Friday, September 28, 2007

Coconuts for All: Boris for London

London loves to think of itself as a major international city but when you look at the Mayoral candidates for the two main political parties it seems to be a rather different story: Red Ken for Labour, vs Bumbling Boris Johnson of the Conservative Party. Both have their place in politics but let us be honest, both are also a bit of a joke. A major international city should have future Prime Ministers and Presidents vying to cut there political teeth as Mayor. Compare for example London with New York; it is quite possible that next years presidential election may see a three way fight between Hillary Clinton, the current New York senator for the Democratic party, Rudi Guiliani, the former New York mayor for the Republicans, and Michael Bloomberg, the current mayor who may stand as an independent. Compare this to London, who have settled for comedy political sideshows as their major candidates.

Having said that at least London have got a mayor; the main political parties in Birmingham have stitched us all up ensuring that the current shambles of a council will remain to make non-decisions. This effectively means for the foreseeable future we will be stuck between an indecisive and incompetent ConDem coalition, or an arrogant and unaccountable Labour administration. Their blogging political lackeys, such as Prague Tory or Political Hack rubbish the independent such as Sir Digby Jones, Karen Brady or Carl Chinn, but have they had a look at who is vying to run Birmingham at the moment? For the Conservatives, Mike Whitby Whitless, who spends most of his time distancing himself from Labour inspired regeneration projects and coming up with ridiculous alternatives in their place. And the inconvenient truth is that Al Bore is aptly named. I'm not usually a fan of personalities taking over politics, but I think a charismatic leader is exactly what Birmingham needs to take itself forward. Our local political parties are bereft of such talent at the moment.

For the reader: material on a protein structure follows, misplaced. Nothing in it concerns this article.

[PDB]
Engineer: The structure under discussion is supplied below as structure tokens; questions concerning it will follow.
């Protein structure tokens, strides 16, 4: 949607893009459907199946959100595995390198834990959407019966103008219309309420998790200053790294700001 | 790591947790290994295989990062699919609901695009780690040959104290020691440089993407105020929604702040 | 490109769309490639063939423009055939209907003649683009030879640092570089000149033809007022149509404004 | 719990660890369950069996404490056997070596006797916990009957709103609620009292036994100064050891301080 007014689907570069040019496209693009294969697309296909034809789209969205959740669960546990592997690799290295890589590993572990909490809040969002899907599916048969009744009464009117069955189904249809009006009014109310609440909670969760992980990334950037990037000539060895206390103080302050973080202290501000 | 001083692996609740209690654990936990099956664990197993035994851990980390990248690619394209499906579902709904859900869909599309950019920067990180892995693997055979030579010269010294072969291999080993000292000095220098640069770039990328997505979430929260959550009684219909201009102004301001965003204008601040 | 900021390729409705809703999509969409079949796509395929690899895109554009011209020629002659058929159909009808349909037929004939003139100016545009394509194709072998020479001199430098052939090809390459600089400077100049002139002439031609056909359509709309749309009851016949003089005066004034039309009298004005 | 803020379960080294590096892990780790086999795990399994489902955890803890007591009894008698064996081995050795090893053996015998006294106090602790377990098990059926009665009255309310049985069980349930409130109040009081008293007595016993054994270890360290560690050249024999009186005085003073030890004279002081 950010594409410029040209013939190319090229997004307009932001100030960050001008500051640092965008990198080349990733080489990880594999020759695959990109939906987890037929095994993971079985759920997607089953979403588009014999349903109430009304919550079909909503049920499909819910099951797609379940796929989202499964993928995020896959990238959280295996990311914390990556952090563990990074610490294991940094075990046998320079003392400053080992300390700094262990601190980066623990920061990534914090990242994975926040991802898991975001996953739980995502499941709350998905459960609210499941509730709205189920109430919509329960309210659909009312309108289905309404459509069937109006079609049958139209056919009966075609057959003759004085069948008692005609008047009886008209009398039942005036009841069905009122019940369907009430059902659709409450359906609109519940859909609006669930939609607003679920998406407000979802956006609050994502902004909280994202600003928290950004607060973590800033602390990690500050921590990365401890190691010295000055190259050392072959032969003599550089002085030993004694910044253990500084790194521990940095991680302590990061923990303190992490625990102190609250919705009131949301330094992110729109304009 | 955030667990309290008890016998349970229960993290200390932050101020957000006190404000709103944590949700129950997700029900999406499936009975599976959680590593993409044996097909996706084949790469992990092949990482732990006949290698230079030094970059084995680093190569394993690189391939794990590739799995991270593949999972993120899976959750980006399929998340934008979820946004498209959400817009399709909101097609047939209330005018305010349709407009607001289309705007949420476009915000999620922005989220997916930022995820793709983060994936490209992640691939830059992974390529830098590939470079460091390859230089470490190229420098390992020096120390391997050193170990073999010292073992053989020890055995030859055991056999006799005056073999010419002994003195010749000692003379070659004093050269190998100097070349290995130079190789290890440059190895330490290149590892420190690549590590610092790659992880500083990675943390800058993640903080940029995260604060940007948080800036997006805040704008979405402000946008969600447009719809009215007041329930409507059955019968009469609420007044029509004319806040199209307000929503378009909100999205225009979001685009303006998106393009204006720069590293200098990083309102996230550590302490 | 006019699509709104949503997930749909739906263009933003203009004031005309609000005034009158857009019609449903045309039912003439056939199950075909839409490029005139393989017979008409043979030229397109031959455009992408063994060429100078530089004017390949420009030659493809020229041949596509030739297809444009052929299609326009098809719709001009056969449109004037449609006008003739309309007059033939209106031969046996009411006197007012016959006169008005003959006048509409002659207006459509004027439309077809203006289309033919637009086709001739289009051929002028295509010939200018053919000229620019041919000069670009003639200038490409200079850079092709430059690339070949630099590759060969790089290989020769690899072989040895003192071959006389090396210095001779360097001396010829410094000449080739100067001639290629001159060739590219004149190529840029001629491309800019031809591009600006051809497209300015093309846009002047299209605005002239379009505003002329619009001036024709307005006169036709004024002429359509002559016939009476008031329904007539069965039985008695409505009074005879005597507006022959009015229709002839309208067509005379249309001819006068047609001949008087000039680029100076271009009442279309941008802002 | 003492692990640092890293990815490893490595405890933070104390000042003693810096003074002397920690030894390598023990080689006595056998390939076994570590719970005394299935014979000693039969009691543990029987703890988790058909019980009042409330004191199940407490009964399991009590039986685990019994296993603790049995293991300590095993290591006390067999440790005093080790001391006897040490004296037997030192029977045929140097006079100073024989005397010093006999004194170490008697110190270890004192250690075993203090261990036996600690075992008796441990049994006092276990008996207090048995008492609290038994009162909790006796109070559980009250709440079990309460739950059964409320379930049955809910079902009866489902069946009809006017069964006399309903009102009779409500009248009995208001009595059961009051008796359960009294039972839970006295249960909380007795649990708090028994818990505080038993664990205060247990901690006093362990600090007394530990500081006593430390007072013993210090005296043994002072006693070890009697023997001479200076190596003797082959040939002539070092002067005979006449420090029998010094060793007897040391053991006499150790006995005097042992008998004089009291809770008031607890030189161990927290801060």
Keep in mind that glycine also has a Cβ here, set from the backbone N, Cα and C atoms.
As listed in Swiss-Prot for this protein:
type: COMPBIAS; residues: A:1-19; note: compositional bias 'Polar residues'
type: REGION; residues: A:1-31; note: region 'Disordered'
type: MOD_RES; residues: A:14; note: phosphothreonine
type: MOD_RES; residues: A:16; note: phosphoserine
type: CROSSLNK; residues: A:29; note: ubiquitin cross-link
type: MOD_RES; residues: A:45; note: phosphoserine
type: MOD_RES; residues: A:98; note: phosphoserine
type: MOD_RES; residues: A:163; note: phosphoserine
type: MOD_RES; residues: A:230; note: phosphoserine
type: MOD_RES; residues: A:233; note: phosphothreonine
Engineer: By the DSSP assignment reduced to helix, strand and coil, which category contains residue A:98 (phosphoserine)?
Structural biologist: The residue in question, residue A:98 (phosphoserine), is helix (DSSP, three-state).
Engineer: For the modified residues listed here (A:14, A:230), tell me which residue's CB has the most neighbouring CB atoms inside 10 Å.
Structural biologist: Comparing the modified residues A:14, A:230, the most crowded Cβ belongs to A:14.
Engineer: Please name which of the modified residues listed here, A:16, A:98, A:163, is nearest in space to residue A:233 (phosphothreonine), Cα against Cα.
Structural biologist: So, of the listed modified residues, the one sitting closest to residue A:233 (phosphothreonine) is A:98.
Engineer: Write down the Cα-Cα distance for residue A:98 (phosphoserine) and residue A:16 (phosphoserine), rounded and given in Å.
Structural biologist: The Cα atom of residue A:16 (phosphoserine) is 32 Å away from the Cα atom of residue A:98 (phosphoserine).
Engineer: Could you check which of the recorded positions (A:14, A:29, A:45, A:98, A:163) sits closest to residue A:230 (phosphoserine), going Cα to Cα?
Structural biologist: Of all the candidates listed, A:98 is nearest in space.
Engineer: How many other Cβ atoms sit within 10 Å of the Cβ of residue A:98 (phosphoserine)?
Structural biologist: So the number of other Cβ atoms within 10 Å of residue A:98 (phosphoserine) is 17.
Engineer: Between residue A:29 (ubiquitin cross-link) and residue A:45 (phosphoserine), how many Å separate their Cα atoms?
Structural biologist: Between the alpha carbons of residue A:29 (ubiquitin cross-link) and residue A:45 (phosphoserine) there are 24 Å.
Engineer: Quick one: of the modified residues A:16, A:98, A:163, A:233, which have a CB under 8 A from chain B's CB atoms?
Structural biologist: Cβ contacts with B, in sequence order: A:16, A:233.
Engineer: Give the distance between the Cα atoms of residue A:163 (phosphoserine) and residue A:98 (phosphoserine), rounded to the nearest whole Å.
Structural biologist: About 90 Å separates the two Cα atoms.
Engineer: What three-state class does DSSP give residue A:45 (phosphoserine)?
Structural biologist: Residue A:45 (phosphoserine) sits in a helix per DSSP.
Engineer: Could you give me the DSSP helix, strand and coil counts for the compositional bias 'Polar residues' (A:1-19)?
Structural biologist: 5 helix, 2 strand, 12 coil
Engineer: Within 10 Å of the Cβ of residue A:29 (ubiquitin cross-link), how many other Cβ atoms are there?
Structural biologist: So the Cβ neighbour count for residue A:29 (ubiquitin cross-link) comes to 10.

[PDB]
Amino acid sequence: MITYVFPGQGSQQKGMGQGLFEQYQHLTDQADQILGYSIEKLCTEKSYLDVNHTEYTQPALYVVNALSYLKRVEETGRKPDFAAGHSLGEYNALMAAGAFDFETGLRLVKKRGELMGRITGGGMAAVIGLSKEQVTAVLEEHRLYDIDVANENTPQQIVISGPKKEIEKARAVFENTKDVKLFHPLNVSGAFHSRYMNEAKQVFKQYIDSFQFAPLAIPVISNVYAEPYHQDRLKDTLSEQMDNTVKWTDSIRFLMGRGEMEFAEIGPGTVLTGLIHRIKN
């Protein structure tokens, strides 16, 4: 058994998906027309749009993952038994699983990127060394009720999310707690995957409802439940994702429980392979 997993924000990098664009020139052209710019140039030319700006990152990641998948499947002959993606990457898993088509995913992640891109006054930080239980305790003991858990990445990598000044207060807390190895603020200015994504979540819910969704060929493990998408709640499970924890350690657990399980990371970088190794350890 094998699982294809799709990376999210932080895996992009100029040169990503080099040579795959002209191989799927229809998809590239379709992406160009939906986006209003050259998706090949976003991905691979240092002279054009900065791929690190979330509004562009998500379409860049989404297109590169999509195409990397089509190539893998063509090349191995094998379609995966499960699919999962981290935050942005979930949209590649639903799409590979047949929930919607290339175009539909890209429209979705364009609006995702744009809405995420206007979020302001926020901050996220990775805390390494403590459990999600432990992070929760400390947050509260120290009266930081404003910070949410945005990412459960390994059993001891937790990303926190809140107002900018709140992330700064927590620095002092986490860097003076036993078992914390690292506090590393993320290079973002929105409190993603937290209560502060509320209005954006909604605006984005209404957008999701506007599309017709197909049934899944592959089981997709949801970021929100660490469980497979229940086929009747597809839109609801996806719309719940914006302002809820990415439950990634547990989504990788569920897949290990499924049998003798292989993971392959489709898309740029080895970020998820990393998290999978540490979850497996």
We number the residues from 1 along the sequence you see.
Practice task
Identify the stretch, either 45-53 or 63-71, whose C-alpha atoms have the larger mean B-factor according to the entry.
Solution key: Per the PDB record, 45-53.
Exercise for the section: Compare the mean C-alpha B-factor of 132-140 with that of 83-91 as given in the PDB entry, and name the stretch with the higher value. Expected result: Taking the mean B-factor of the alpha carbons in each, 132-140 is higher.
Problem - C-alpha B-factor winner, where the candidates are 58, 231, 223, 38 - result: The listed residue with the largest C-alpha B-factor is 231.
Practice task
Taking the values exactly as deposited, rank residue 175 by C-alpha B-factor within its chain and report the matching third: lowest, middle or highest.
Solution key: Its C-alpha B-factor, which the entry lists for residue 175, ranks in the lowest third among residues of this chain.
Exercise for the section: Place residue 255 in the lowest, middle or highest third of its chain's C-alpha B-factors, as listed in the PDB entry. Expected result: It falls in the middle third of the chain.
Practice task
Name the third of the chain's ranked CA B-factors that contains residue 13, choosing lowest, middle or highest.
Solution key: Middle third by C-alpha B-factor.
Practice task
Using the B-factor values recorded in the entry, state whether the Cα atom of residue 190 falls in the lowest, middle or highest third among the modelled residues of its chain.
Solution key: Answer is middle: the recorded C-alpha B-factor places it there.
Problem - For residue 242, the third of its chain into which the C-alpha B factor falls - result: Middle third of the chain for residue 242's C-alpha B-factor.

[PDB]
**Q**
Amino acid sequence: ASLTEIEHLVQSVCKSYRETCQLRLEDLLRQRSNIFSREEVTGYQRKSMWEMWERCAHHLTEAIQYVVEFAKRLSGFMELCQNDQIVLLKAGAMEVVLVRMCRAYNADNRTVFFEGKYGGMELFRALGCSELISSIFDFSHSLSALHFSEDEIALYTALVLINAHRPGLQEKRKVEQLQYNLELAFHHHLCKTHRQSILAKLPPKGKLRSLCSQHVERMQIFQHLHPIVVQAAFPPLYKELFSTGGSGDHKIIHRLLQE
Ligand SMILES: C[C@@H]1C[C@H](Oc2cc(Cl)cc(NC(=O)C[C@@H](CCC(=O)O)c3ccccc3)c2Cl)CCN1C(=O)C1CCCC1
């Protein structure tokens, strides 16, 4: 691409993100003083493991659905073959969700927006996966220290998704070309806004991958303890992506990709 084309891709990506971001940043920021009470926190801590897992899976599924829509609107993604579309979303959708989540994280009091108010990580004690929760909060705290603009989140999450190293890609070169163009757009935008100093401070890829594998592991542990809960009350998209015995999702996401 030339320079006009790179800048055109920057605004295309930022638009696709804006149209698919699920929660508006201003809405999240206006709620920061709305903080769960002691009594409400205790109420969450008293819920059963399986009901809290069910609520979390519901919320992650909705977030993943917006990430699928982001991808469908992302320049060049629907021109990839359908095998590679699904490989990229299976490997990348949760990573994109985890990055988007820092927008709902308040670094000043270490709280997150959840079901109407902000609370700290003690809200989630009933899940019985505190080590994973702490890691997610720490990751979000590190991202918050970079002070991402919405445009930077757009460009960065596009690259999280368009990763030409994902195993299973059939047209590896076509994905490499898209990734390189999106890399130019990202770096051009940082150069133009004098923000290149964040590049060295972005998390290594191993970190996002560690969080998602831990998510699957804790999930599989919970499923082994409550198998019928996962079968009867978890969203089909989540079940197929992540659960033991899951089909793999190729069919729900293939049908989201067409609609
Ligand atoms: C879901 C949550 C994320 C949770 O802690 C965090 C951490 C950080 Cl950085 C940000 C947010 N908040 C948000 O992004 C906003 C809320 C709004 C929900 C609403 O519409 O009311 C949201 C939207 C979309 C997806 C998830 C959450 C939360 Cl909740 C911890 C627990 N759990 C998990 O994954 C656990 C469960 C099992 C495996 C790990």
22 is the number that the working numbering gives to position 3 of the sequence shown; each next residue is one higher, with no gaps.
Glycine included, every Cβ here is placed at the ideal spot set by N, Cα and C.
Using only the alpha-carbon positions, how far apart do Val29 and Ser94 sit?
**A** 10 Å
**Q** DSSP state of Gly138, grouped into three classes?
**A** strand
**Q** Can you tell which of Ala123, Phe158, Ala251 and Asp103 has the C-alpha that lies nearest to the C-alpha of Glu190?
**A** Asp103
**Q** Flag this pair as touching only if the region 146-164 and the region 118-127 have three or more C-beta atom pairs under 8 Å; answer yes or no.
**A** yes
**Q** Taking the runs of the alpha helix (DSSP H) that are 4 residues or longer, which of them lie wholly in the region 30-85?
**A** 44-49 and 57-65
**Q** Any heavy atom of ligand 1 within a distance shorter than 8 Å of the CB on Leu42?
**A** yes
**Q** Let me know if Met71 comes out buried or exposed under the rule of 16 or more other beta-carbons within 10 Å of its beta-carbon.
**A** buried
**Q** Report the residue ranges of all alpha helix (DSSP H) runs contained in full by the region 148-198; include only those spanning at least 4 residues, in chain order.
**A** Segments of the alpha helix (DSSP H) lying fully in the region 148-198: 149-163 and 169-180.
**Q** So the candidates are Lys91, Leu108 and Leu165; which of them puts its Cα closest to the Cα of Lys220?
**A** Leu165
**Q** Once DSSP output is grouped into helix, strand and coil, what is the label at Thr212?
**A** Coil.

Bob Piper said...

I couldn't disagree more if I tried. There are so many issues here it is difficult to know where to start. How about... 'unaccountable Labour administration'. What on earth do you think the elections are about each year? You can call politicians incompetent if you wish, but all of the political parties who stand in the local elections make themselves accountable to their electorates. If they are unaccountable... how would a Mayor be more accountable?

The whole notion of having a 'celebrity' candidate, be it a bloke dressed in a monkey suit in Hartlepool or Carl Chinn in Birmingham, and giving them virtually untrammeled power should be anathema to anyone committed to a democratic system

Birmingham was built as a great international City by Conservative politicians largely in the 19th Century... not by some 'celebrity' who has appeared in the media a lot. London is a different matter. It is a City spanning a variety of boroughs and with a need for a strategic authority. I'm all for a regional democratically accountable body with responsibility for strategic decision making on issues like planning, regeneration, transport etc, but not a single Mayor with all the decision making vested in them.